www.theguardian.com/tv-and-radio/2018/nov/06/school-review-documentary-series

Most people would feel alarmed at what the programme highlights however education is a devolved issue, which means the curriculum and policy focus differs between England, Wales, Scotland and Northern Ireland. All four home countries are struggling financially due to the current government’s austerity agenda but, in my experience, while there are some schools really struggling there are also schools that are still managing to produce intelligent, balanced, well educated young achievers.  I understand why the programme has been made and it’s right to highlight the real problems being tackled on a daily basis but, if thinking of moving back to the UK, it is not a given that your child will experience this level of education. Finding the right school for your family may be a challenge but it is not an impossible task.

Just to put this in a different context (and definitely not to start a UK versus Aus argument) in 2017 a UN report ranked Australia 39 out of 41 countries for quality education. Some parents will identify with the findings, but equally there will be other PIO members living and raising their children in Aus who will feel it is not a true reflection of their own experience.  T x

 www.smh.com.au/education/un-agency-ranks-australia-39-out-of-41-countries-for-quality-education-20170615-gwrt9u.html

 

 

 

 

 

 

 

I don't want to get into any argument, but reliance on the PISA scores as a basis for education policy is what has got UK education into such a confused state with concentration on university education as one of its biggest confusions

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I work in a MAT and have worked in schools most of a my career. Whilst there are cuts many schools are continuing to function fine. Historically lots of schools have wasted quite a lot of money but with the cuts they have been spending better and as a result better value for the tax payer. For example I know one school (not one of mine) that saved £15,000 by printing more in black and white and less in colour. I am not saying this applies to all schools though.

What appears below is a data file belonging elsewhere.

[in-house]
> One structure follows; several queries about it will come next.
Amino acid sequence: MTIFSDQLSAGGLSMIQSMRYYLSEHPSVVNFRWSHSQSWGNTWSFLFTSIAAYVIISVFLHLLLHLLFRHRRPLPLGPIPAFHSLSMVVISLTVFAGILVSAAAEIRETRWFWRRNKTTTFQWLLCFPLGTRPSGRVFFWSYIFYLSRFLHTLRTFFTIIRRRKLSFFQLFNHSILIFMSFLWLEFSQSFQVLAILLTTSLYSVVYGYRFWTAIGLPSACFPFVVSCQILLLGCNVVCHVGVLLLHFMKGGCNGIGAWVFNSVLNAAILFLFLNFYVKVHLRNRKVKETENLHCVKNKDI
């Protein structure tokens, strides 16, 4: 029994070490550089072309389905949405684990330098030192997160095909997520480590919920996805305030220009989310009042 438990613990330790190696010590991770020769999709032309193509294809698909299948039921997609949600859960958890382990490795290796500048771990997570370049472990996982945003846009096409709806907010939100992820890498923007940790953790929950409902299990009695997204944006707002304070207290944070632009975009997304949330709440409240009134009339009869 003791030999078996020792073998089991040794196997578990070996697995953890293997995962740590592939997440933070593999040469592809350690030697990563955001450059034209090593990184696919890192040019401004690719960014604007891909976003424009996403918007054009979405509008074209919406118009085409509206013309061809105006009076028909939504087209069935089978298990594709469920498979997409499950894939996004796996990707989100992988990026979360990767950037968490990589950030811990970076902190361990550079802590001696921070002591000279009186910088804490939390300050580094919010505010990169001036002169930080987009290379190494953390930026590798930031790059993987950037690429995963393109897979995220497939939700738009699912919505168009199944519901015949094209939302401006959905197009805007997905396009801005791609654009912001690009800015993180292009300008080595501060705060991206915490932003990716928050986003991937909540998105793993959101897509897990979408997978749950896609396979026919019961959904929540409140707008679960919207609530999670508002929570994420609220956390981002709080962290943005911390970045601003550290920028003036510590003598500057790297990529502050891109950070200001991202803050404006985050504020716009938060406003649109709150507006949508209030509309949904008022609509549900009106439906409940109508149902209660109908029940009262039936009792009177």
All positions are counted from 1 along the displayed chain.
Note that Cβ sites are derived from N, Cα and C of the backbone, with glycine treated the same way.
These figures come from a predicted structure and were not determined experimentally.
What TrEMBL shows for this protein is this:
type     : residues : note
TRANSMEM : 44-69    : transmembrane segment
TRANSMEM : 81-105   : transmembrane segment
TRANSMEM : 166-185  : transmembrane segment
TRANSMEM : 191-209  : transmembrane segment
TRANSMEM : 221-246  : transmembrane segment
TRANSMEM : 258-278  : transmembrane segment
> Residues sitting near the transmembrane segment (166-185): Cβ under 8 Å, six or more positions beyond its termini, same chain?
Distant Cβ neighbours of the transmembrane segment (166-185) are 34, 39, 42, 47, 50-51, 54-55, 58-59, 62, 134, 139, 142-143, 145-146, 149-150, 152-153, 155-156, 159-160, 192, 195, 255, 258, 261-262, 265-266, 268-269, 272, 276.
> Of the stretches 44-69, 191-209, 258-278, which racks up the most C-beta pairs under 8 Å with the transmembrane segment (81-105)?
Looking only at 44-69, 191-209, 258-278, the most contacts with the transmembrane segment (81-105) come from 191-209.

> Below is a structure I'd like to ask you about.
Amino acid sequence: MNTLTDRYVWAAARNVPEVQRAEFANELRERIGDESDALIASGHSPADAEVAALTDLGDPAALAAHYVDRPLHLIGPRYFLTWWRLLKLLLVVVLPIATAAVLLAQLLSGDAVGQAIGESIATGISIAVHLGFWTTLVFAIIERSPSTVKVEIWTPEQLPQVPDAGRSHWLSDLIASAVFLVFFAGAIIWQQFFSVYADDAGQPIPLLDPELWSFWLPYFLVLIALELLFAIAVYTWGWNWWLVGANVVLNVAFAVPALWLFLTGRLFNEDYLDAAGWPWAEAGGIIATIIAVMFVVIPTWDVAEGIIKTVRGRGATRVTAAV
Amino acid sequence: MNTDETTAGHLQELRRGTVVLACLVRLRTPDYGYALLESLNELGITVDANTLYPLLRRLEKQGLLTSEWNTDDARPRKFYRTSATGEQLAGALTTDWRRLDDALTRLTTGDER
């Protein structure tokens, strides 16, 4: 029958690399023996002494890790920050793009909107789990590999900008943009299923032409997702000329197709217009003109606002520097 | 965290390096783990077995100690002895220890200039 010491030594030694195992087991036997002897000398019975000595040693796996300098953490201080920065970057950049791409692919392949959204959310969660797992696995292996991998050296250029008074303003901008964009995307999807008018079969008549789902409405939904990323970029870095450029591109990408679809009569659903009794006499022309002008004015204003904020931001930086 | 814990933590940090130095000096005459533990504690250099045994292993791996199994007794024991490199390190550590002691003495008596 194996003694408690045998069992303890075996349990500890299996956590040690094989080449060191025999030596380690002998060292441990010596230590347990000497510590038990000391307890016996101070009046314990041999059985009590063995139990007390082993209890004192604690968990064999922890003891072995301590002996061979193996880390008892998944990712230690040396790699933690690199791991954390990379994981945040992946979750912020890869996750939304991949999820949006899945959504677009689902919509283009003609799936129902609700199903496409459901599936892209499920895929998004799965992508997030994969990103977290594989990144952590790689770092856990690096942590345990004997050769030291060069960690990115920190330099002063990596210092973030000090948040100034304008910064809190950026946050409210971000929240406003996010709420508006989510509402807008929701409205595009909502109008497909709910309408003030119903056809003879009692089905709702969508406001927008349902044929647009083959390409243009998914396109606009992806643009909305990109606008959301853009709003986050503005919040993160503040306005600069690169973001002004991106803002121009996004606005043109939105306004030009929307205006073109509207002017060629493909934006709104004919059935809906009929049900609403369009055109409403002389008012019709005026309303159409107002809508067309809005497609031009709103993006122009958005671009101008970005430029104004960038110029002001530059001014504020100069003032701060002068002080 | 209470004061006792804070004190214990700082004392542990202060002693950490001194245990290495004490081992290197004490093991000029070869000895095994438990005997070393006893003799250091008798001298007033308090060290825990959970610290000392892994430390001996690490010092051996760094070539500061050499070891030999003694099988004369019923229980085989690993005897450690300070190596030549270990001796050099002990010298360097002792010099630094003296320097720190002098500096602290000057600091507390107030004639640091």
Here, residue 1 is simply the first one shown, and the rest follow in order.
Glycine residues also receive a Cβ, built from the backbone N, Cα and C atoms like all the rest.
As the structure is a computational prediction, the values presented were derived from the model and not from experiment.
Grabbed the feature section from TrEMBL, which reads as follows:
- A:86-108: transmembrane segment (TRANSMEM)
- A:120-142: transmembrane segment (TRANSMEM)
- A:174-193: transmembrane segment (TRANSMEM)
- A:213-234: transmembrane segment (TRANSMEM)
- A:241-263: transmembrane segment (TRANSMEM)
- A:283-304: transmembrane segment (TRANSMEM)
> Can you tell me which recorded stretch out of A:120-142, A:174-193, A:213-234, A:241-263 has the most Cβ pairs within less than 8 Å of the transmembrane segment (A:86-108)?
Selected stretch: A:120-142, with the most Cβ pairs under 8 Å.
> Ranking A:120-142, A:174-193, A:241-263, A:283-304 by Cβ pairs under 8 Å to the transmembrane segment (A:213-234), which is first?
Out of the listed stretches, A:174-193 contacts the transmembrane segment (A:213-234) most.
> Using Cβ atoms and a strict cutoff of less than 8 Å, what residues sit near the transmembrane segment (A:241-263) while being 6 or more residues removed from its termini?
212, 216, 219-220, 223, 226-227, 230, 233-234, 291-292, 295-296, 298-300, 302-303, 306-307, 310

As to what people think about the school in the video. Don't think all schools are like that. I work in multiple primary and secondary schools. All of them are different and don't operate the same. I would probably say that no 2 schools are the same. They are shaped by a number of elements such as size, area, students and staff.

 

 

 

 

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44 minutes ago, BacktoDemocracy said:

I don't want to get into any argument, but reliance on the PISA scores as a basis for education policy is what has got UK education into such a confused state with concentration on university education as one of its biggest confusions

I’m not relying on PISA scores to validate the quality of education in either country, simply pointing out that reports and television programmes, do not, in themselves always provide context or the complete picture. If I was in the process of emigrating to Aus and read the Sunday Morning Herald article it would be reassuring to know there was a balancing view. Likewise as the thread was posted in MBTTUK as a worthwhile watch for parents (which I don’t dispute), it might also be helpful to know that education is a devolved issue, and that the standards portrayed are not everyone’s experience. T x

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14 minutes ago, tea4too said:

I’m not relying on PISA scores to validate the quality of education in either country, simply pointing out that reports and television programmes, do not, in themselves always provide context or the complete picture. If I was in the process of emigrating to Aus and read the Sunday Morning Herald article it would be reassuring to know there was a balancing view. Likewise as the thread was posted in MBTTUK as a worthwhile watch for parents (which I don’t dispute), it might also be helpful to know that education is a devolved issue, and that the standards portrayed are not everyone’s experience. T x